Beets for Beet Haters

Gloria hates beets. I hate beets. Every year, Gloria plants lots of beets in the garden.

Every year I ask her, “So, why do you plant beets? You know we both hate them.”

“Because they are good for us,” she says.

Gloria hates beets. I hate beets.


This year we had yet another bumper crop of beets. I started thinking of all the vegetables we like. I realized there aren’t many vegetables we don’t enjoy. Beets are just about the only item on the list. “Eat ’em because they’re good for you” isn’t working for me any more. Plus, I don’t like the idea of growing beets just to compost most of them. “Is there some recipe we find, or create, that would allow us to enjoy eating beets?” I asked.

“Not pickled!” Gloria said, “or I’ll run out of here screaming.”

“Right,” I said, “and not Harvard Beets. YUCK!”

“You do realize many people like beets those ways?” Gloria asked.

“But not us!” I said.

I began exploring ways to eat beets. I paused and smiled at myself. What I’m doing is the mark of a dedicated foodie. Not just anyone would search for ways to eat a food they don’t like. I continued on. So far we’ve ruled out any form of pickled or boiled beets.

That leaves raw, baked, steamed, fried and concealed. That means there are a lot of ideas to explore. I’m male – let’s start with fried. We’ll get to other ideas in future blogs.

I Googled fried beets and came up with a recipe for Red Flannel Hash. Following the recipe carefully, I dutifully peeled and cubed a 2 1/2” beet into half inch cubes. Then I peeled and cubed two medium potatoes. Looked like I had about three times as many cubed potatoes as beet cubes. I heated two tablespoons of olive oil in our trusty cast iron frying pan and dumped in the beets and potatoes.

According to the recipe, I would be transported to foodie Nirvana after I had fried the mixture over medium heat for about 20 minutes. The potatoes were bright red from contact with the beets and perfectly cooked. BEAUTIFUL! But the beets weren’t even close to cooked. Five minutes more frying. The potatoes are beginning to turn to mush, but the beets were still hard. I served them anyway. It was challenging to eat potato mush dotted with half cooked fibrous beet rocks.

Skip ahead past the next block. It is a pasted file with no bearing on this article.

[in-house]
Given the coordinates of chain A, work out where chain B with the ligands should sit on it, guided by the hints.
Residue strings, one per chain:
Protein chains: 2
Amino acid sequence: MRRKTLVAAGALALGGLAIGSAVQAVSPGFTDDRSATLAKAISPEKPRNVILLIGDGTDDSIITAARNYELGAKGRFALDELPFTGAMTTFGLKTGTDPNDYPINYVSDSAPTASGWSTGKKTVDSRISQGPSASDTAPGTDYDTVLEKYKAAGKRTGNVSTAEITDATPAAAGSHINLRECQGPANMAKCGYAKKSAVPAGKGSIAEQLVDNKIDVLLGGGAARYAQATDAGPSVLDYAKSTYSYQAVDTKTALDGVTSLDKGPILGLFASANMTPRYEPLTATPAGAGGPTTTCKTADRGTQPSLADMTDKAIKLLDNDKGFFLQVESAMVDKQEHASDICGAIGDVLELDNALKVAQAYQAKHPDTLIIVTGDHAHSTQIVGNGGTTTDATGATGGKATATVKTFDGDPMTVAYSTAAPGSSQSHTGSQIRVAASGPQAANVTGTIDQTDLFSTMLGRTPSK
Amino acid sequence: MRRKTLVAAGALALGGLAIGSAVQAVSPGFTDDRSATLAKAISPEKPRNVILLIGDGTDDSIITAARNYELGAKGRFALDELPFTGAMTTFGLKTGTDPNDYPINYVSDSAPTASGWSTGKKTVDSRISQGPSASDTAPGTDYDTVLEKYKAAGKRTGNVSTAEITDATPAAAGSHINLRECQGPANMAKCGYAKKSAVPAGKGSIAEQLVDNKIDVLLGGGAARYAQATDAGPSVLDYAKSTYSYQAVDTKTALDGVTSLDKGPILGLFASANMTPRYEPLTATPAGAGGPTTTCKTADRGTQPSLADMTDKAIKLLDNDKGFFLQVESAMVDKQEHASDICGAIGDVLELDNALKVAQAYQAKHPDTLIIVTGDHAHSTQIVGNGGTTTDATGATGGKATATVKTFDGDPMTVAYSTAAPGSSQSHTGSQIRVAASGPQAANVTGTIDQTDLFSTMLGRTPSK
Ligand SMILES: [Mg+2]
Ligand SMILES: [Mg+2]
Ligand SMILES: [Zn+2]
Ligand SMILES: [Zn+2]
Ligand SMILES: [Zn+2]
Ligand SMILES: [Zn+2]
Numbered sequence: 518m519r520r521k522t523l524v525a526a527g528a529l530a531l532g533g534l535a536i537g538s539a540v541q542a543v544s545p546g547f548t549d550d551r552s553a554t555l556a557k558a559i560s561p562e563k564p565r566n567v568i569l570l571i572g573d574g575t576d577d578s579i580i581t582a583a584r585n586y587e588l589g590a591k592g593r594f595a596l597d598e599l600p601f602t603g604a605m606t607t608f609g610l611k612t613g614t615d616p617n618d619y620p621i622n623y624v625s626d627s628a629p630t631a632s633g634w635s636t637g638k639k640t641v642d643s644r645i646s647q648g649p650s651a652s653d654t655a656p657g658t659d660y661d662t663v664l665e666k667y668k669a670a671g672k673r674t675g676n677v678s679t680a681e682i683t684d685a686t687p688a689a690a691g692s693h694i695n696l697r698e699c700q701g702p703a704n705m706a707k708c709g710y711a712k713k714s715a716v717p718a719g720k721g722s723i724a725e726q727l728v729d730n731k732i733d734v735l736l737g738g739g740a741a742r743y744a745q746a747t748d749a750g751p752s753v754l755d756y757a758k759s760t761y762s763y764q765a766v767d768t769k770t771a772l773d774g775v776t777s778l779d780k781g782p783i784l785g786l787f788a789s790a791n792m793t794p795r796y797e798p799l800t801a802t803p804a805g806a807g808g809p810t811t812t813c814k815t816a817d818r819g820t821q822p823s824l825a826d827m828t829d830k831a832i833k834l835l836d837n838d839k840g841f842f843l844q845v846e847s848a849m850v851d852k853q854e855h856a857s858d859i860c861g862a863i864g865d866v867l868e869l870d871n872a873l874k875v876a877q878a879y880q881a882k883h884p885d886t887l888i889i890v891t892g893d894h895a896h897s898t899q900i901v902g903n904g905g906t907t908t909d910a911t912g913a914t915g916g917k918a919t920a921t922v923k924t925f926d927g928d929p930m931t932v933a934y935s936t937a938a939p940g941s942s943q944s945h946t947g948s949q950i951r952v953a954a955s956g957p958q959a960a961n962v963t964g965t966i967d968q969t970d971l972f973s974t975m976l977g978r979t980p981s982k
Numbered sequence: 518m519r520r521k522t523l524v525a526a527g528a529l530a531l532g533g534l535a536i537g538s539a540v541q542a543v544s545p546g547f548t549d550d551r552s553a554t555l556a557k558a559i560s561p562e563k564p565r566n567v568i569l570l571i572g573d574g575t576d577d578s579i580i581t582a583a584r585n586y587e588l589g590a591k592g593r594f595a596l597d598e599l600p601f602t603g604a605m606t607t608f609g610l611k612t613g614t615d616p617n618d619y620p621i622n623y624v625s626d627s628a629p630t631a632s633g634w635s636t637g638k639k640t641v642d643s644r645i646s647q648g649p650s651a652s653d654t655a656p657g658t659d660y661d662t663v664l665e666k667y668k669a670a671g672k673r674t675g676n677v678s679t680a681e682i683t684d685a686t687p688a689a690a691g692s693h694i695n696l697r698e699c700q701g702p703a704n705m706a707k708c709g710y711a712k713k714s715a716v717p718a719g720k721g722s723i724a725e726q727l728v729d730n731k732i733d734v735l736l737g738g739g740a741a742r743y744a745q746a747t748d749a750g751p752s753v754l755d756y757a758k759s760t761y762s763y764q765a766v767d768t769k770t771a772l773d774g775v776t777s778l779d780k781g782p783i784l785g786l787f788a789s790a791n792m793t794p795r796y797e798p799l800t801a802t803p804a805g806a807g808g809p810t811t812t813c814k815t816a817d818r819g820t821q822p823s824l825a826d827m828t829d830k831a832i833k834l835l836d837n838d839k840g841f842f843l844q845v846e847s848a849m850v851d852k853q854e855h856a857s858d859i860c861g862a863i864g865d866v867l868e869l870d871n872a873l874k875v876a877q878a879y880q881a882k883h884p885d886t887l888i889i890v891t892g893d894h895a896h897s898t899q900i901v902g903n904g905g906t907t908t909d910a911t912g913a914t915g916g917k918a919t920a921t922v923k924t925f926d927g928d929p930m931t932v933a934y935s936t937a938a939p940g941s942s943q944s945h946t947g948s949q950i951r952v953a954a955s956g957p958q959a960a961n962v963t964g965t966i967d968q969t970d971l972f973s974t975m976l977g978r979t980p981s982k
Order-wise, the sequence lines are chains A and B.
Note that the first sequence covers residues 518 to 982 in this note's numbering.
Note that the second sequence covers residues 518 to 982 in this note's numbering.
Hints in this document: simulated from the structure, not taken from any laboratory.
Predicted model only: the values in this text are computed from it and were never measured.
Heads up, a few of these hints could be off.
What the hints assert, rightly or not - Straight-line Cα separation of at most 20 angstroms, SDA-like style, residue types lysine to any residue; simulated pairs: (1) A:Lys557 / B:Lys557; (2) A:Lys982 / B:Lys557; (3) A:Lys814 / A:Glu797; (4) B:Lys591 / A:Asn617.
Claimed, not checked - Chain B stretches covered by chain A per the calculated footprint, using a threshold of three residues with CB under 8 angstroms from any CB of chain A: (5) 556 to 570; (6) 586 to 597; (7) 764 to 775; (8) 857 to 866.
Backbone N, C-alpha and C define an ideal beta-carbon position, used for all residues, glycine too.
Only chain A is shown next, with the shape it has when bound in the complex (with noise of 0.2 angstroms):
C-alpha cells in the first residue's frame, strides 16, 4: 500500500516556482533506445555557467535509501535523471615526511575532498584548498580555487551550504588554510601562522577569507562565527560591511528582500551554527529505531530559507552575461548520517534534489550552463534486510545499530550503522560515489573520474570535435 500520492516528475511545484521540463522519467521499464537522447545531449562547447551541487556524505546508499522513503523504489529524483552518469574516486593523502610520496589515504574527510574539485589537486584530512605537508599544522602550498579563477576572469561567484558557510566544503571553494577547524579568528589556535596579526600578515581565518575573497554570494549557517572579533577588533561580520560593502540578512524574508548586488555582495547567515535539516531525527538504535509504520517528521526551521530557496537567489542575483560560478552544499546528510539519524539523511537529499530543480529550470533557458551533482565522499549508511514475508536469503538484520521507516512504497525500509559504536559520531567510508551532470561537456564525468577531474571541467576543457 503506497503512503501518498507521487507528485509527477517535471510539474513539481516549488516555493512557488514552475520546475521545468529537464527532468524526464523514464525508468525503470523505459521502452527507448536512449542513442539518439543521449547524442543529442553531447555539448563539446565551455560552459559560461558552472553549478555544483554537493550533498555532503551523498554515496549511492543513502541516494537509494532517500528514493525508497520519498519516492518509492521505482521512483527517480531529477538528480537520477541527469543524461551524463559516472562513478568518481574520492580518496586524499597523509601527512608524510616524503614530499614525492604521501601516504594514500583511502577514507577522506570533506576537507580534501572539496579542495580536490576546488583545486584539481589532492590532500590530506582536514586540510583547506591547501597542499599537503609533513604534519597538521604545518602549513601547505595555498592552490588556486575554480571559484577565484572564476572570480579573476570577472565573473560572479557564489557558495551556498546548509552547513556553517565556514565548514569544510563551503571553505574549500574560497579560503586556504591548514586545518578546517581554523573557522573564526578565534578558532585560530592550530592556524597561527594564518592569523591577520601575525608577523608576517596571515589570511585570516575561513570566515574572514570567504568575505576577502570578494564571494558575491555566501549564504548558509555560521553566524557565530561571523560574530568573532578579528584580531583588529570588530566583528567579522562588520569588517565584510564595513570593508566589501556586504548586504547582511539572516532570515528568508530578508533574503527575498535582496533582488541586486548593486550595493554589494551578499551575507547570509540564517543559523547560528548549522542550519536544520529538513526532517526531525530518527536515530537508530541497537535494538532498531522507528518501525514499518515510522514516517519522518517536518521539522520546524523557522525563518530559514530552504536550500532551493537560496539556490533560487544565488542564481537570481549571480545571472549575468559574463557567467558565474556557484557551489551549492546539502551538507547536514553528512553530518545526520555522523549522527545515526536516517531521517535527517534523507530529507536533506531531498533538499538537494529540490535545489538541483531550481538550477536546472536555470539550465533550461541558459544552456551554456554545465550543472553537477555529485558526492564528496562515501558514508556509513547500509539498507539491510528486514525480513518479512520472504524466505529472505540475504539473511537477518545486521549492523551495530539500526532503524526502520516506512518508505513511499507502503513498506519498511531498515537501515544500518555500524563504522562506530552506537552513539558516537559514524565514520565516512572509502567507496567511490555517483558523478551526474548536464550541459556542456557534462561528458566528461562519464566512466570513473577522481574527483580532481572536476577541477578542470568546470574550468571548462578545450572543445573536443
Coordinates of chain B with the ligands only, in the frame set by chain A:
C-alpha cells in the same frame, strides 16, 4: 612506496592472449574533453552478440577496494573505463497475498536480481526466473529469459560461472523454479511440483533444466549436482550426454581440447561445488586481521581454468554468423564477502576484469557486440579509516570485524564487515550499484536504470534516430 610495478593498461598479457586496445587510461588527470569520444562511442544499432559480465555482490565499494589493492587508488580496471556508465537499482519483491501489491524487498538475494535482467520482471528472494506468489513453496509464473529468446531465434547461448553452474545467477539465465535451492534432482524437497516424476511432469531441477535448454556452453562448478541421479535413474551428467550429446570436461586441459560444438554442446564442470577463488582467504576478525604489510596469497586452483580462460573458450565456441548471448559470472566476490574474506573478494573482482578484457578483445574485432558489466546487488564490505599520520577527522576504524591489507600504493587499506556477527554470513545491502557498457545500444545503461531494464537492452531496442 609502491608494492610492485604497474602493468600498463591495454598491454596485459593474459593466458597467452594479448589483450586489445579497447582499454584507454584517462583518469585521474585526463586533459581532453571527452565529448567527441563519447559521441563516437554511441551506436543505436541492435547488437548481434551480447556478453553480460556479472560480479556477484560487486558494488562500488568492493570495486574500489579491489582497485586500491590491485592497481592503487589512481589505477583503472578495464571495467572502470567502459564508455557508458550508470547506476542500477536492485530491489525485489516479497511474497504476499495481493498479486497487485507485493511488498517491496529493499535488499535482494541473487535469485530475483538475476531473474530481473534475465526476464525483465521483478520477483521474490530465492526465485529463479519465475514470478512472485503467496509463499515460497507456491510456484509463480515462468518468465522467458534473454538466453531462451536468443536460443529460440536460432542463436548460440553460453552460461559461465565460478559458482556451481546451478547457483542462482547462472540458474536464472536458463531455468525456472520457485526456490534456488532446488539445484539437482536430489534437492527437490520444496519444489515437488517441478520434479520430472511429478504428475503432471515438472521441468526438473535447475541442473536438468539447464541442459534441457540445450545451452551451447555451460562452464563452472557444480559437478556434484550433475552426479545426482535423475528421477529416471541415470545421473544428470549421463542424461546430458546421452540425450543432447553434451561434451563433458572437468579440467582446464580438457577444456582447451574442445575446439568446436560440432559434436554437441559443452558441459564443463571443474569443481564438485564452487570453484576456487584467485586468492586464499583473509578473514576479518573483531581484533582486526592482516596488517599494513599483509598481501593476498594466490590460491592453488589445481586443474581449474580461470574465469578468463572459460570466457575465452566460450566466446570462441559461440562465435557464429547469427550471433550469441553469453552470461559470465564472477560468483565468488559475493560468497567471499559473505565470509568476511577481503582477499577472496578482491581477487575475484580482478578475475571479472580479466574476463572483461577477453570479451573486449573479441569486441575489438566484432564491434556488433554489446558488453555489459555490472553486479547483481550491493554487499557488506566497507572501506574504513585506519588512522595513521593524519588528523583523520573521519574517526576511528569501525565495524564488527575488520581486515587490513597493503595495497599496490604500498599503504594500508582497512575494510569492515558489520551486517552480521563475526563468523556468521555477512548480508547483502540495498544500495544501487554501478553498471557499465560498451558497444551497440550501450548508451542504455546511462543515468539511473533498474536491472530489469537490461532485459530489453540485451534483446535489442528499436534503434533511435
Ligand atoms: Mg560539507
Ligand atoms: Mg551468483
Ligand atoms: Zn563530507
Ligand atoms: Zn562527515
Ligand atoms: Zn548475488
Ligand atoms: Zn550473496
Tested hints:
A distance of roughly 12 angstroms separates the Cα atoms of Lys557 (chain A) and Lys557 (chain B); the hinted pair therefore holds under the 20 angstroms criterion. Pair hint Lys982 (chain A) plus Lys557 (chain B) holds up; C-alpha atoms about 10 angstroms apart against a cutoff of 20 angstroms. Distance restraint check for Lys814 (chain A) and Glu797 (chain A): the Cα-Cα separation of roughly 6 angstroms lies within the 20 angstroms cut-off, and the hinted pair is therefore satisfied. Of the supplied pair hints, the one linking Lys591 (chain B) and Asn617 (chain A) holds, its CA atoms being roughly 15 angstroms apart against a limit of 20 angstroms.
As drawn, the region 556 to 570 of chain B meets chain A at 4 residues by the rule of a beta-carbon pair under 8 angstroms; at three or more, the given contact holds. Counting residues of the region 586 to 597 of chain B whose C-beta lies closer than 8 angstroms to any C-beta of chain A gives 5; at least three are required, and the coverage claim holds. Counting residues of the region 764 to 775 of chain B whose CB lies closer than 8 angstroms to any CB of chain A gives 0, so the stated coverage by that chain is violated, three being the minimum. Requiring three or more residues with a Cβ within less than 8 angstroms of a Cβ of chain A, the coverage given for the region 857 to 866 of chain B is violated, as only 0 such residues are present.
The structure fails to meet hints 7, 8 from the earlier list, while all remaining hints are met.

I got them down with lots of salt and apple ketchup. Gloria passed on the ketchup. She also passed on the rest of her beets and potatoes.

“The taste shows promise,” I said.

“With a lot more work,” she said.

Then Gloria swung into action.

She shredded the beets and placed them into the hot frying pan. While they were cooking, she shredded the potatoes and added them to the beets. The beets got about 5-7 minutes cooking before the potatoes were added. After an additional 20 minutes, the beets and potatoes both were perfectly done.

Plastter of Red FLanel Hash
Platter of Red Flannel Hash

She served the dish. Gentleman that I am, I waited for her to take the first bite. I think she was waiting for me. I watched her and she watched me. Finally, without a word, our forks simultaneously took up a few shreds and place them in our mouths.

Eyes wide, we looked at each other. Then quickly, we took another bite.

“THIS IS GOOD!” I said.

Gloria nodded, as she stuffed in another bite.

Red Flannel Hash
Author: Gloria and Major Stewart
  • 1 medium onion chopped
  • 1 jalapeno seeded and chopped
  • 2 tablespoons grape seed oil or olive oil
  • 1 medium beet shredded
  • 6 medium potatoes
  1. <li class=”instruction”>Heat the oil in a 10″ frying pan over medium heat.</li>
  2. Coarsely, chop the onion. Begin sauteing in the oil.
  3. Split the jalapeno, remove the seeds, and finely chop. Wear gloves or wash your hands thoroughly immediately after handling the pepper. Add to the onion.
  4. Shred the beet and add to the frying pan.
  5. Saute for about 5 minutes.
  6. Peel and dice the potato into 3/8″ cubes and add it to the frying pan.
  7. Turn the mixture in the frying pan every few minutes. Cooking time, after adding the potatoes, is about 20 minutes.
Feel free to increase or decrease the amount of jalapeno to reflect your tastes in spicy dishes. Frequent stirring is important because the beets are sticky and burn easily.



Closeup of Red Flannel Hash
Closeup of Red Flannel Hash

After my plate was about half empty, I remembered our Apple Ketchup. Went to the fridge, grabbed a bottle and daubed a dollop on the remaining red flannel hash.

“WOW! That was really good.”

With enthusiasm, we’ve developed this further. Here is where we are now:

Red Flannel Hash with Apple Ketchup
Red Flannel Hash with Apple Ketchup


I like Red Flannel Hash with apple ketchup. Gloria says if she were a ketchup person, she would like them together too. How do you like your Red Flannel Hash?

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